Having a food intolerance is not fun. It can cause abdominal pain, discomfort, and nausea. It also causes embarrassing symptoms like flatulence and diarrhea. Other symptoms linked to food intolerances include muscle or joint pain, headaches, exhaustion, and even skin symptoms like rashes and eczema.
Dairy is just one of those foods that many people seem to be intolerant of. Let’s talk about the main components of milk that people react to: lactose, casein, and whey.
Milk Sugar (Lactose) Intolerance
It’s estimated that up to 75% of adults are lactose intolerant. Lactose is the carbohydrate “milk sugar” naturally found in most dairy products. Lactose intolerance is so common you can buy lactose-free milk in your regular grocery store. Lactose-free products are treated with the enzyme “lactase” that breaks the lactose down before you ingest it. It’s this lactase enzyme that is lacking in most people who are lactose intolerant.
The lactase enzyme is naturally released from your intestine as one of your digestive enzymes. It breaks down the lactose sugar in the gut. When someone doesn’t have enough lactase, the lactose doesn’t get broken down the way it should. Undigested lactose ends up being food for the resident gut microbes. As they ferment the lactose, they create gases that cause bloating, flatulence, pain, and sometimes diarrhea.
Lactose is in dairy but is in lower amounts in fermented dairy (e.g. cheese & yogurt) and butter. Steering clear of lactose isn’t that easy as it is added to other foods like baked goods, soups, and sauces. And if you’re taking any medications or supplements, check to see if it’s in there too, as lactose is a common ingredient in them.
If you have symptoms of lactose intolerance, keep an eye on food, medication, and supplement labels.
Milk Protein (Casein & Whey) Allergy
Milk is a known, and common, food allergen. In Canada, it is considered a “priority allergen” and must be declared on food labels.
So, what are the allergens in milk? You’ve heard of “curds and whey?” Well, these are the two main proteins in milk. The solid bits are the curds (made of casein), and the liquid is the dissolved whey.
Unlike lactose intolerance, casein and whey can cause an actual immune response and be considered a true allergy by promoting an IgE response from the immune system. And this immune response can cause inflammation. In fact, we don’t know how many people have these milk allergies, but most estimates put it far below that of lactose intolerance.
However, even if an IgE immediate immune response is not observed, a lot of people still get reactions from the casein and whey and therefore find themselves intolerance to these proteins.
Like lactose, these allergenic milk proteins can be found in other products too. They’re not just in dairy but are often the base of many protein powders as well (ie. “whey” protein powder).
Some of the symptoms of milk protein allergy differ from that of lactose intolerance; things like nasal congestion and mucus (phlegm) are more common here. And casein seems to be linked with belly fat.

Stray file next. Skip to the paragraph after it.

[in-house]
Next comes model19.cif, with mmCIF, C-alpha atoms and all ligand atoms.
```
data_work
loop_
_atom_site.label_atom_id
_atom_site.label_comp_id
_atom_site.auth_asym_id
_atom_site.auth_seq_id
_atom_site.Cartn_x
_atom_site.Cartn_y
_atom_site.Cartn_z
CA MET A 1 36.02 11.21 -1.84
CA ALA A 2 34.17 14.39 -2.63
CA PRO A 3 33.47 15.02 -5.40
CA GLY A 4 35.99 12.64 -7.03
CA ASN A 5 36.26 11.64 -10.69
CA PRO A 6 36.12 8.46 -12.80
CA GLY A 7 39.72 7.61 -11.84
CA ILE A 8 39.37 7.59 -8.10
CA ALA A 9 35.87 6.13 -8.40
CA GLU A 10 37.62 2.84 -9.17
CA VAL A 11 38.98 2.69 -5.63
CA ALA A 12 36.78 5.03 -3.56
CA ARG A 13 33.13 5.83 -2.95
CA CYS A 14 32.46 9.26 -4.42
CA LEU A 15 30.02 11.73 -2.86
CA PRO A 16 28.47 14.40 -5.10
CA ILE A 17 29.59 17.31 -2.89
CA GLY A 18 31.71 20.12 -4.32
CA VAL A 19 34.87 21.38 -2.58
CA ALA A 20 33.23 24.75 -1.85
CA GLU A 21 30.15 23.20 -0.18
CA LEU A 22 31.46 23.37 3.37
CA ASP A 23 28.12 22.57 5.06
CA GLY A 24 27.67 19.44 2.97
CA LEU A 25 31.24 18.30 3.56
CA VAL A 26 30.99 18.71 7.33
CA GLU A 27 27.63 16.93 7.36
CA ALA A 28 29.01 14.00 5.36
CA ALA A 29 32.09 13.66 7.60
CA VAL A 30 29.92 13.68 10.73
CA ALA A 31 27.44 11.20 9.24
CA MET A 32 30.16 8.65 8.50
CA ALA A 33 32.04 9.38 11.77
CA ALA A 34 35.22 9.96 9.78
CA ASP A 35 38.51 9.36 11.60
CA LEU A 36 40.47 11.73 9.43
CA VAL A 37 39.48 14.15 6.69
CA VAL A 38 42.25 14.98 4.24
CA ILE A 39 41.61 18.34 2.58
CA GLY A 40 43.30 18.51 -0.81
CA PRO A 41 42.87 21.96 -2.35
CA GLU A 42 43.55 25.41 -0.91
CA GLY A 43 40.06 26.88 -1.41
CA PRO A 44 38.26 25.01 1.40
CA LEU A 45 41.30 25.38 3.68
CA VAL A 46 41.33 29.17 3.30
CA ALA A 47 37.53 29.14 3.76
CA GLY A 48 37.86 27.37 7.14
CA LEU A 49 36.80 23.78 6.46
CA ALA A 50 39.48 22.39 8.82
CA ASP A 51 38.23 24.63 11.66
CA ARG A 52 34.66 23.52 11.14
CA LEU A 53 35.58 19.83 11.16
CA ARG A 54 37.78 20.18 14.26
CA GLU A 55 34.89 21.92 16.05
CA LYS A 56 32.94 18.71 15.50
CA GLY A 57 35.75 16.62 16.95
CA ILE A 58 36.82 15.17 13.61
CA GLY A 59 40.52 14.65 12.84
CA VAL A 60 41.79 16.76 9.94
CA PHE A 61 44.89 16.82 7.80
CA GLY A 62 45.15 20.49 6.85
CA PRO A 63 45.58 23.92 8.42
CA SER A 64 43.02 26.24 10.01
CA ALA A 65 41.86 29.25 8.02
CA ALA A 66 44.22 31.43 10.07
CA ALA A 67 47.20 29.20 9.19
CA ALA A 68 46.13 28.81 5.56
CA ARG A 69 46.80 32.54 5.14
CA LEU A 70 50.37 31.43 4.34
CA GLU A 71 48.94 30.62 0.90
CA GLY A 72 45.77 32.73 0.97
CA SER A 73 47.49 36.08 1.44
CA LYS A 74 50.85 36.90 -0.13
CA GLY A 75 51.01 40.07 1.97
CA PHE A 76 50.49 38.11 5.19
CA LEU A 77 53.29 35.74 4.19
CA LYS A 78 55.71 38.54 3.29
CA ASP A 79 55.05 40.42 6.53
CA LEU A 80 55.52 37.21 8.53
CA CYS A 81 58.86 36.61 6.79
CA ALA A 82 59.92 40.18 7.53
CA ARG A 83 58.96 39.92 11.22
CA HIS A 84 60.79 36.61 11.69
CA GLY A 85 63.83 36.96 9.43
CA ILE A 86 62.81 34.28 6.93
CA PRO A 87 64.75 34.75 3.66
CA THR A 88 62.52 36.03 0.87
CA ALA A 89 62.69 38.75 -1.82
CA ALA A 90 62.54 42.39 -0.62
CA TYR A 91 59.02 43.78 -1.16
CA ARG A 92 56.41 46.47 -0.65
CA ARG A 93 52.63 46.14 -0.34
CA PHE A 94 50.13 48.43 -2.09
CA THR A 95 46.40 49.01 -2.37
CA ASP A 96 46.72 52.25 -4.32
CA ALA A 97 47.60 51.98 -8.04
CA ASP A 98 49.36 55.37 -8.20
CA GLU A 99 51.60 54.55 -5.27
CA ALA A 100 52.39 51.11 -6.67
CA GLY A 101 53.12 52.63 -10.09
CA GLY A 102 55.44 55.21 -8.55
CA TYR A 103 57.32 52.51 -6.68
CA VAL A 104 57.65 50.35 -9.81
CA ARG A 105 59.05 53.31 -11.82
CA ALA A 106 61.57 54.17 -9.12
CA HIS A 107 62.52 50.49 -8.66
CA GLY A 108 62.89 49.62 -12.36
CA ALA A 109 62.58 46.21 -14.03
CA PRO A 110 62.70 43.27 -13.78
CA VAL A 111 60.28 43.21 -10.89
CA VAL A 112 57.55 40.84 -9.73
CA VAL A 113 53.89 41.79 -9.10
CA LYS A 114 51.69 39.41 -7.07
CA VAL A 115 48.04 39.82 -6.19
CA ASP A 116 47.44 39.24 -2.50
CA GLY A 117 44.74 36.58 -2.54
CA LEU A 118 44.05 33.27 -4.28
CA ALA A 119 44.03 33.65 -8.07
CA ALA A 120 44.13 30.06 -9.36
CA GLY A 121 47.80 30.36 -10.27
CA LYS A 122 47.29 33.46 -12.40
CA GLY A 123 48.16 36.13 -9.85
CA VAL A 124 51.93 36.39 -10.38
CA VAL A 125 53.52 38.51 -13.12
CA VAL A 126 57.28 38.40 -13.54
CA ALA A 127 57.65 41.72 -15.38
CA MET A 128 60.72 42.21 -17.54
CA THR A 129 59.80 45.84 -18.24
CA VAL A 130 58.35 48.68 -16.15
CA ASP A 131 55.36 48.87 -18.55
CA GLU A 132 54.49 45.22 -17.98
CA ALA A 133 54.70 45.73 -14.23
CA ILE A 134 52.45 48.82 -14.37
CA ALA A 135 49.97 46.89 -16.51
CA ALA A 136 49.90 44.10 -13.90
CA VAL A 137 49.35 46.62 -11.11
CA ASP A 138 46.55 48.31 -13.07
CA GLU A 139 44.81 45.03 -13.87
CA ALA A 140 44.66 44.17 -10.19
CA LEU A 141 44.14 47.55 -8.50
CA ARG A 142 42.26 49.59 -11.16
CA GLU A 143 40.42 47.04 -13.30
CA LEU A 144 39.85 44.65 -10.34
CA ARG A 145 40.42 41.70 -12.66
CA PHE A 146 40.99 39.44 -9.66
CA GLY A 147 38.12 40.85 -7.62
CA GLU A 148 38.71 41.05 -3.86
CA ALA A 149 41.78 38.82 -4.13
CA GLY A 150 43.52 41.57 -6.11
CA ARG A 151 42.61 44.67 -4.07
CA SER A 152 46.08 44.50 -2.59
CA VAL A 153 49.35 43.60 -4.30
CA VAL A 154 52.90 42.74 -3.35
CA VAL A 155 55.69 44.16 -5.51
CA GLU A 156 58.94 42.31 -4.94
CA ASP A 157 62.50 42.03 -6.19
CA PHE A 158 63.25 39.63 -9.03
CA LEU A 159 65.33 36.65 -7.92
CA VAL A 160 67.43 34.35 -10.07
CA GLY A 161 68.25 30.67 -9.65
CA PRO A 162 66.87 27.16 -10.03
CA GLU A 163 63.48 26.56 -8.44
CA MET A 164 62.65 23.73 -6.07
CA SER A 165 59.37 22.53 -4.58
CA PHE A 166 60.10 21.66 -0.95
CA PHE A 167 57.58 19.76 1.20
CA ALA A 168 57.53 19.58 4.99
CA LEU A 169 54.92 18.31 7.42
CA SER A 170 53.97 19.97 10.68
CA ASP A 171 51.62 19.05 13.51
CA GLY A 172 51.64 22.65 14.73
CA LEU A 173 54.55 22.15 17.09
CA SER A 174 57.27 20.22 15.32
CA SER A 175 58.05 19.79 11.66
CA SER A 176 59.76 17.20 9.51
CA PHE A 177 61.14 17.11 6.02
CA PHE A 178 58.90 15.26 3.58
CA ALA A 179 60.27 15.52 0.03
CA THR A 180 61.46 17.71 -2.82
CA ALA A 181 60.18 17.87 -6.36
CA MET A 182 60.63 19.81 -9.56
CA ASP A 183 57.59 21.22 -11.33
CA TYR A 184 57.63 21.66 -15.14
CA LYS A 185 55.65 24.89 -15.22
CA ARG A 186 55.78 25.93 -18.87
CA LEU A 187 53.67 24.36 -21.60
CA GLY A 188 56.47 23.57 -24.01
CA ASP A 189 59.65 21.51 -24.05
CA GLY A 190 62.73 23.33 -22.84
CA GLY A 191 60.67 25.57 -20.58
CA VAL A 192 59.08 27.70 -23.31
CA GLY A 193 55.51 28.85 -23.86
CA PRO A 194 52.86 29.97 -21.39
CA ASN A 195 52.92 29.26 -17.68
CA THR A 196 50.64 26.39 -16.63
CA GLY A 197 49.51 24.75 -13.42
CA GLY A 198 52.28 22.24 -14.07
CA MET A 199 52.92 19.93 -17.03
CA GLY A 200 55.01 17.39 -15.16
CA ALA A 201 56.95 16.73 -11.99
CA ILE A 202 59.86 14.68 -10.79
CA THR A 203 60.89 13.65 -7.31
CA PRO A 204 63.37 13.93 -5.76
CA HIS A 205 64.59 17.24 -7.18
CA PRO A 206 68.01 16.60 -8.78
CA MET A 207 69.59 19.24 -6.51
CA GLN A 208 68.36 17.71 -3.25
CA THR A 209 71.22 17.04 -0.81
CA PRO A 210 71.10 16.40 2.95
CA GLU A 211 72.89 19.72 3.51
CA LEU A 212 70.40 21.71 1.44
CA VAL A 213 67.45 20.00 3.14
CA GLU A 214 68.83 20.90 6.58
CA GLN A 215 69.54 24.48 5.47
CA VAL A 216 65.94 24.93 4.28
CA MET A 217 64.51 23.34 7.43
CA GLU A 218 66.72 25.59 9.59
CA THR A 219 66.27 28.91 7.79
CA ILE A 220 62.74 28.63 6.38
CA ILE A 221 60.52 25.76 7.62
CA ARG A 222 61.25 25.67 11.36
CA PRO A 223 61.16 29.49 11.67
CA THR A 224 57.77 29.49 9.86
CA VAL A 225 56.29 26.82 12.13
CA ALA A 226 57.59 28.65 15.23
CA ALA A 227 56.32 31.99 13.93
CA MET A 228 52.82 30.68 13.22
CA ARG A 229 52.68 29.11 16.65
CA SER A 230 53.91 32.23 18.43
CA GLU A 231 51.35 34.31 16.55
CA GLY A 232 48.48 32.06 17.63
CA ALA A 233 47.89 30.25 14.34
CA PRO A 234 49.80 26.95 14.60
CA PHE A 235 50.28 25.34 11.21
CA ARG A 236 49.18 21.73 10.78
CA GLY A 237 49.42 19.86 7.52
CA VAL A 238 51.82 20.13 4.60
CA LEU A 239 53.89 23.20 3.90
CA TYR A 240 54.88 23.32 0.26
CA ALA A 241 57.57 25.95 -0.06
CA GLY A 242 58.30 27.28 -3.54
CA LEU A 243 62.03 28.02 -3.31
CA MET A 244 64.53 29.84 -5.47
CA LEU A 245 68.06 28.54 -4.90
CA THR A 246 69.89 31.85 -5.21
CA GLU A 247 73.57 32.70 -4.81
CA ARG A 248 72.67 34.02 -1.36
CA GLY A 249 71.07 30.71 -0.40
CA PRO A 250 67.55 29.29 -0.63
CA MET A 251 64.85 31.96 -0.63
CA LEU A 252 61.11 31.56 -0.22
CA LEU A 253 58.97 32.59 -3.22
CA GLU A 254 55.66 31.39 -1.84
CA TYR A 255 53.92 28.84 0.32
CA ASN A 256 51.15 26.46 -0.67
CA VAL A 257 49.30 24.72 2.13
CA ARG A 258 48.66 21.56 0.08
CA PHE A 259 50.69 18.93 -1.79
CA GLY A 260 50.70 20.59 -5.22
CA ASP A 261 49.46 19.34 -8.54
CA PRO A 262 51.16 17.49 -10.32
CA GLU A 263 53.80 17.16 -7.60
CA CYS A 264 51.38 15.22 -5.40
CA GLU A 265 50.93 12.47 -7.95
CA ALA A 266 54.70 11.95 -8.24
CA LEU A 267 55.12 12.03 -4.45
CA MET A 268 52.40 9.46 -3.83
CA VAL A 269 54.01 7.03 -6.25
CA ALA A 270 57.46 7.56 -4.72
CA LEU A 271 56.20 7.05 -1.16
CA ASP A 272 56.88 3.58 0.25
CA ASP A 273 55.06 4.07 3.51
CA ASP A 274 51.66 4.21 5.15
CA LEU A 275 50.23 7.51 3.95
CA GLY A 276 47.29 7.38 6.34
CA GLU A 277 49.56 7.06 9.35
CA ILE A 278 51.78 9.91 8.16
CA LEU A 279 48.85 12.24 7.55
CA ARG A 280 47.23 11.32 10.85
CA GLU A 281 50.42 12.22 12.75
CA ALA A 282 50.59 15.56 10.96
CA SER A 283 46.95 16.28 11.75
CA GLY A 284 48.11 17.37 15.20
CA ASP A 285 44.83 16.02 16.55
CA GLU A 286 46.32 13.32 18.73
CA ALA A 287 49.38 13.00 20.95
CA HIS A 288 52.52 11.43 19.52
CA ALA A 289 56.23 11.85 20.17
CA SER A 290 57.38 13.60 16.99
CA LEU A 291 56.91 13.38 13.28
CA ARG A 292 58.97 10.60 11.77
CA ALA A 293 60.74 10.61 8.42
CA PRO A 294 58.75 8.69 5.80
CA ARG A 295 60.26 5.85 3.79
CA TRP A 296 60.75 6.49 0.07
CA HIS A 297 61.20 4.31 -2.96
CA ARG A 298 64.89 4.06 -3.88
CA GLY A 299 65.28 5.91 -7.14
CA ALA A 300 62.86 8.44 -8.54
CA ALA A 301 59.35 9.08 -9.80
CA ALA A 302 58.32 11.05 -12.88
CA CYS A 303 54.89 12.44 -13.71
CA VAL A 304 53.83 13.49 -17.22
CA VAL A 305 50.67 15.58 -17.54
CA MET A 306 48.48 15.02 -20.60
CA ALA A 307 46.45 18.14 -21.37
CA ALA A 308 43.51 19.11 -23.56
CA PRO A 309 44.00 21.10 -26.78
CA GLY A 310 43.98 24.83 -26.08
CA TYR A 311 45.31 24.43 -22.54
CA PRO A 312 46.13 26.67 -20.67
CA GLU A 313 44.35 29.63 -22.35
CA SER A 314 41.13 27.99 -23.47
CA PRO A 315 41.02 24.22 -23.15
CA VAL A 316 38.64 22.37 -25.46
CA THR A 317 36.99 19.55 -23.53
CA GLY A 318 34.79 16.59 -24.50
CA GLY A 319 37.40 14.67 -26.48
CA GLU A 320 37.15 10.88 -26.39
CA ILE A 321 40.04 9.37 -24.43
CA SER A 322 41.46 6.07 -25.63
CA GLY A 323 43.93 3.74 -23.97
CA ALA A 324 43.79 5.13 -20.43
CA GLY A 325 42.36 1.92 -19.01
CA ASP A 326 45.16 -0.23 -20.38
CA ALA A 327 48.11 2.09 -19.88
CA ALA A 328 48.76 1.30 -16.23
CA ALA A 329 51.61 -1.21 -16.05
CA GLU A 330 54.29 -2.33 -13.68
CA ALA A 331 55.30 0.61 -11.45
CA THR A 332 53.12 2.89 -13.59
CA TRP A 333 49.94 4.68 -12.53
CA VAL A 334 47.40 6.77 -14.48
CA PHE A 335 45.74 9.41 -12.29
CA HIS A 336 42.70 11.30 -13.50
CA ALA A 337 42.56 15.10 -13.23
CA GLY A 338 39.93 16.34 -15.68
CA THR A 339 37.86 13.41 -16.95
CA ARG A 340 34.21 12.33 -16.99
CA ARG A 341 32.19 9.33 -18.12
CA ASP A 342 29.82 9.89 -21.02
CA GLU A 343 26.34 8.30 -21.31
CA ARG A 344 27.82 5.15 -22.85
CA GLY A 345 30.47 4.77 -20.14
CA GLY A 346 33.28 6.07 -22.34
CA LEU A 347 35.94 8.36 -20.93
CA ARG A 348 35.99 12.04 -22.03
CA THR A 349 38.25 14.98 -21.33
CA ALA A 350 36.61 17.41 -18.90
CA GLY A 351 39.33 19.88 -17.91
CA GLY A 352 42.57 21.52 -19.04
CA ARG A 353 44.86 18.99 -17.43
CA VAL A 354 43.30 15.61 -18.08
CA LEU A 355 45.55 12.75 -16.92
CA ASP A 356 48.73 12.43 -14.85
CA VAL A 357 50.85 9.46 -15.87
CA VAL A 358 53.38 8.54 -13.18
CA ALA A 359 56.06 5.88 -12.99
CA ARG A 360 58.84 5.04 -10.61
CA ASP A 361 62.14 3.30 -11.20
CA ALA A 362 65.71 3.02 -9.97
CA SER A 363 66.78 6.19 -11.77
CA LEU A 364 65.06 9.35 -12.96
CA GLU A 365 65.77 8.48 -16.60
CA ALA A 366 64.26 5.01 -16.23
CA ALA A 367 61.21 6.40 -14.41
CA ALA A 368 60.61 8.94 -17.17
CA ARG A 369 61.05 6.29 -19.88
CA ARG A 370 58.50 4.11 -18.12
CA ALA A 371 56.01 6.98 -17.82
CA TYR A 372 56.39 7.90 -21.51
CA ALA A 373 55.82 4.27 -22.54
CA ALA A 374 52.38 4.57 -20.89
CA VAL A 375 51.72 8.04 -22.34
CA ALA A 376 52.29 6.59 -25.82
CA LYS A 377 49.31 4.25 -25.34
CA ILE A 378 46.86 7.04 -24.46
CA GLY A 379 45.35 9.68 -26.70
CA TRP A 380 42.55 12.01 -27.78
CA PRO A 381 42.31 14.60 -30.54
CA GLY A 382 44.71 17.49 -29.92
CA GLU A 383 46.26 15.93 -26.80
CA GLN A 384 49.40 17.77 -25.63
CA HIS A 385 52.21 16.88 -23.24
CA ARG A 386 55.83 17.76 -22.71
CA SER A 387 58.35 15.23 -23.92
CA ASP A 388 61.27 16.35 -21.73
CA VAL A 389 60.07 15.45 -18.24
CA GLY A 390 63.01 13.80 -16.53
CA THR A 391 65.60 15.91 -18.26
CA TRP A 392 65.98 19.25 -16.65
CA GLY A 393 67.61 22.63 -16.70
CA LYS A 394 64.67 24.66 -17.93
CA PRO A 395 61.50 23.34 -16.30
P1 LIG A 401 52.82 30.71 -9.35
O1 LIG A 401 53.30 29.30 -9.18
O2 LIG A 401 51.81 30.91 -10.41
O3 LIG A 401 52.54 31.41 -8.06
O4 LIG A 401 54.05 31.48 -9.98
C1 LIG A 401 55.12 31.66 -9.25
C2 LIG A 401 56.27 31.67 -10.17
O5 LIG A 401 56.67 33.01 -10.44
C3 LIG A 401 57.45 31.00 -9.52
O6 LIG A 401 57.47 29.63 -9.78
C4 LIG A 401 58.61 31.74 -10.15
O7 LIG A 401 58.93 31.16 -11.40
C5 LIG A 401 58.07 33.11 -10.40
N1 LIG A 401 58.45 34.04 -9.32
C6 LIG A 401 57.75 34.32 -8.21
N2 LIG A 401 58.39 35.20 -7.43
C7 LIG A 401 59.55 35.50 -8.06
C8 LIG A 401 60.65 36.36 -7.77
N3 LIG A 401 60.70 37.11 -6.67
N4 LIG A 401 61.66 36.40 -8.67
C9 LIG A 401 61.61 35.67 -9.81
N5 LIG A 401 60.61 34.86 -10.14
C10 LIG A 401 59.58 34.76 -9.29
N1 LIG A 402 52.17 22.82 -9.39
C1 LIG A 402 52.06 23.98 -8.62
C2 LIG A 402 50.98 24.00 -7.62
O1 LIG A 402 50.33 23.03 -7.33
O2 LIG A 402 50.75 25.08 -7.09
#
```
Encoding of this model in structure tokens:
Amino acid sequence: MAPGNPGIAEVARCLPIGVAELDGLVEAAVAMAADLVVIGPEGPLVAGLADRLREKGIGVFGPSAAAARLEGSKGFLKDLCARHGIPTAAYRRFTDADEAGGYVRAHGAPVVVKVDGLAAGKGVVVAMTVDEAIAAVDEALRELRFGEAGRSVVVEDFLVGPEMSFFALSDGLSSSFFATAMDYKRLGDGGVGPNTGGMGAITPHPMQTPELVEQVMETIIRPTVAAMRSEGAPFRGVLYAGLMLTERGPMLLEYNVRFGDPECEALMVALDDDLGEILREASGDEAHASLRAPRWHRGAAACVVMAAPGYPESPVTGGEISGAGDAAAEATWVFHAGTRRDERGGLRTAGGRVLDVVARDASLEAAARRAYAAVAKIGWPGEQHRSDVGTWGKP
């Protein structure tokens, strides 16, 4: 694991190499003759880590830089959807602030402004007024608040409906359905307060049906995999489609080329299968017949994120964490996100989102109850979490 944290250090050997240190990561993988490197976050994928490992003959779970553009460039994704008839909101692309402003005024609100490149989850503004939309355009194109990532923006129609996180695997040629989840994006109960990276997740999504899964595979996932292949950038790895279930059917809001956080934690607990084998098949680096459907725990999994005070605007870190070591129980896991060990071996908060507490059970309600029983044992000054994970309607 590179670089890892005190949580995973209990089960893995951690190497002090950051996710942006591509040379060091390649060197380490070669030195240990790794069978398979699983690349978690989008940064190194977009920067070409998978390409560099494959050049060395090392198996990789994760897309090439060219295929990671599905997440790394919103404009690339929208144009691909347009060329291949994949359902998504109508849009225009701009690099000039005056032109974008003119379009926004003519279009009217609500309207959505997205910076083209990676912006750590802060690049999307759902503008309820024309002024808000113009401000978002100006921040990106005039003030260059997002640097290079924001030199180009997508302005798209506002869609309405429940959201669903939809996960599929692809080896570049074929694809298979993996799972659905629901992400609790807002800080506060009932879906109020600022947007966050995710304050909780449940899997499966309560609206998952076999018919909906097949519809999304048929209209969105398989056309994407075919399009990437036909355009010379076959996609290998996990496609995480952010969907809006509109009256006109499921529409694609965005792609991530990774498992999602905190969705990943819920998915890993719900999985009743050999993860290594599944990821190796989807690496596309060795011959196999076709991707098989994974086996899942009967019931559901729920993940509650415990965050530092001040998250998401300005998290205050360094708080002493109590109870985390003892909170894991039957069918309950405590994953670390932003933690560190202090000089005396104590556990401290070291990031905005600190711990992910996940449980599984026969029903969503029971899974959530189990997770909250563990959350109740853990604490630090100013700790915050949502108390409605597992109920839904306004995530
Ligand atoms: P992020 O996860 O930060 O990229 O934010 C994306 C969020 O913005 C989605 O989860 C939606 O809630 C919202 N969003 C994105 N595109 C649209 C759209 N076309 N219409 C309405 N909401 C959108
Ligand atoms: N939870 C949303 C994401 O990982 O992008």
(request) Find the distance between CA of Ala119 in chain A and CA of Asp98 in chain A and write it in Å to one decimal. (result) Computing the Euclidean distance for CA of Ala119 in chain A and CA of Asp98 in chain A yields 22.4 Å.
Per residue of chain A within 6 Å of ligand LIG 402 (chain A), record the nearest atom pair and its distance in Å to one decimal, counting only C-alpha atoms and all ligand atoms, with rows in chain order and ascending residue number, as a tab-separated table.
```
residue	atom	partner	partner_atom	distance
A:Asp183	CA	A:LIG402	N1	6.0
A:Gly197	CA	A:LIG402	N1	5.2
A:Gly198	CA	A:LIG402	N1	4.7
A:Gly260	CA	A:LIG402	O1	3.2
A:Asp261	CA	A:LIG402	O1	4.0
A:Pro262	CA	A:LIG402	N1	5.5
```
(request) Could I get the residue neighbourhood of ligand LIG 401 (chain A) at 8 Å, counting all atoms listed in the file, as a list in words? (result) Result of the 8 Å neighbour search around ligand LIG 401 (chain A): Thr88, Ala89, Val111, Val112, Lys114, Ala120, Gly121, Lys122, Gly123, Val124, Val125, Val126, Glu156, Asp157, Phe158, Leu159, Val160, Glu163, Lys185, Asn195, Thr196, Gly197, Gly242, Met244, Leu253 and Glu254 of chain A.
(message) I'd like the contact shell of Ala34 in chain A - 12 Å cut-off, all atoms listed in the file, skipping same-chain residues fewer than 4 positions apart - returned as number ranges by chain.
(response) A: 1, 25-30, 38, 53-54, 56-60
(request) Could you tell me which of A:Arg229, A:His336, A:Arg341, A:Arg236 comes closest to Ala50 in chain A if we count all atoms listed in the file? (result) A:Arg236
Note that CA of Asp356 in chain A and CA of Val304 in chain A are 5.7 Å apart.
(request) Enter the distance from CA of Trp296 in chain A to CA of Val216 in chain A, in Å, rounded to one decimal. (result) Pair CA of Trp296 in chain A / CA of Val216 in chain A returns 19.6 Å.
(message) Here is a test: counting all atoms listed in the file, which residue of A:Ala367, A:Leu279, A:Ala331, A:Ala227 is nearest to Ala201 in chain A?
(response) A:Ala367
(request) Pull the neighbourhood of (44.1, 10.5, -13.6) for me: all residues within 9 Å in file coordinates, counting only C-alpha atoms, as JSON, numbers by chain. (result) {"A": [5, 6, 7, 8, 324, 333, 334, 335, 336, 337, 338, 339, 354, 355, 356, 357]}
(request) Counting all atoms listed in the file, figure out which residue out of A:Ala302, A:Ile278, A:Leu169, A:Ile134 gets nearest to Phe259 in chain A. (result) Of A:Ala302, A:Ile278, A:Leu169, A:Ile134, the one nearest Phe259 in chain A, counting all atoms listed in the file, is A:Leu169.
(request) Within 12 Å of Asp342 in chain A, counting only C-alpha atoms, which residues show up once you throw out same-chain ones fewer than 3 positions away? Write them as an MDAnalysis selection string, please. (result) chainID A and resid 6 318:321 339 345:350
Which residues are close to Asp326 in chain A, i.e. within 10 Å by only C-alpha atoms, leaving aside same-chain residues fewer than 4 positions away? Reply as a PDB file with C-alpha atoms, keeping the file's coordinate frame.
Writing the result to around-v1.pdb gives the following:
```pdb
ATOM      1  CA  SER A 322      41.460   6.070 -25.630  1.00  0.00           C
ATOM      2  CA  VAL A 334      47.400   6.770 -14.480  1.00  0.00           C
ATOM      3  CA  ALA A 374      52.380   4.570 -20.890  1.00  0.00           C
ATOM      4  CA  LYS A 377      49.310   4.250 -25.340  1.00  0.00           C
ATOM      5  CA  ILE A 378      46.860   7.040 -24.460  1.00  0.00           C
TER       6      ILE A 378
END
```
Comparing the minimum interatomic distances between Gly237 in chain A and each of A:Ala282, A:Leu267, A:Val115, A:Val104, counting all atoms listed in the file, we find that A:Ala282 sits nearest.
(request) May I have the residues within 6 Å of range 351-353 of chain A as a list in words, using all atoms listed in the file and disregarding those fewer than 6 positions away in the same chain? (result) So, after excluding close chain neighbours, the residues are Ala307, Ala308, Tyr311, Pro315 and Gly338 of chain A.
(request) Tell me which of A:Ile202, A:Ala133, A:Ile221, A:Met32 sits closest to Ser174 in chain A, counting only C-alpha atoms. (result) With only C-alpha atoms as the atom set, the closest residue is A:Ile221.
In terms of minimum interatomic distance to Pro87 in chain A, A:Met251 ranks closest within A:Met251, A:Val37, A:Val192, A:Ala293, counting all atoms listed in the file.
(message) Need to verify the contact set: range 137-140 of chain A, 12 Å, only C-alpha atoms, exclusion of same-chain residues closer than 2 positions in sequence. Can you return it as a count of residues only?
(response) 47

Interestingly, people who have gluten intolerance are often allergic to milk proteins like whey and casein as well. These can go hand-in-hand for their protein molecular structure is very similar.
Like lactose intolerance, if you’re allergic to casein and whey keep an eye on labels so you can avoid these.
Worried about your Calcium Intake?
While dairy may be often considered an entire food group, it is not an essential nutrient. Calcium is by far the one mineral that most people worry about consuming enough when they decide to remove dairy from their diets. And there is definitely a big misconception that dairy is the only good source of calcium.
Good news! All the nutrients in dairy are available in other foods. 🤓 I put together this quick summary organized by amount of calcium available by serving size. I focused on the foods over 50mg per serving, although my no means is this an exhaustive list. I just wanted to give you a good idea on where you can get non-dairy sources of calcium.
You’ll see I kept yogurt and milk on the list. I wanted you to compare their calcium values to others to give you a good comparison.
Note that the RDA (recommended dietary allowance) for calcium is as follows:
Birth to 6 months: 200mg
7 – 12 months: 260mg
1 – 3 years: 700mg
4 – 8 years: 1000mg
9 – 18 years: 1300mg
19 – 50 years: 1000mg
During pregnancy: 1200mg
Women over 50 yrs: 1200mg
Men over 70 yrs: 1200mg
If you get gassy, bloated, or diarrhea after eating dairy, you may have a lactose intolerance. If you often get a stuffy nose and mucus, then you may be allergic to casein and/or whey.
If you experience these symptoms, I would suggest you try removing dairy from your diet for at least 2 weeks to see if your symptoms improve. You may find improved digestion and fewer gut issues. Or you may find improved nasal congestion, or even less belly fat.
After the 2 weeks, start by re-introducing a higher fat dairy source like cheese to see how you feel. If you have no issues, wait 3 days and then reintroduce yogurt and see how you feel. And then lastly dairy milk should you choose.
Because milk has less fat content that the other sources of dairy like cheese and yogurt, it’s often harder to digest since it’s farther from being “whole”. Sticking with dairy full in fat is easiest to digest.
*Interesting fact, parents who struggle with their children and bedwetting find that by removing dairy or other food sensitivities notice an immediate improvement!
If you’re not sure if you’re reacting to the lactose, whey, or casein and you want some help you identify how your body is reacting, I can help you identify how your body is reacting to each of these components.
Sign up for my free 30 min consultation and get your Whole Body Health Profile to see what underlying problem could be affecting you.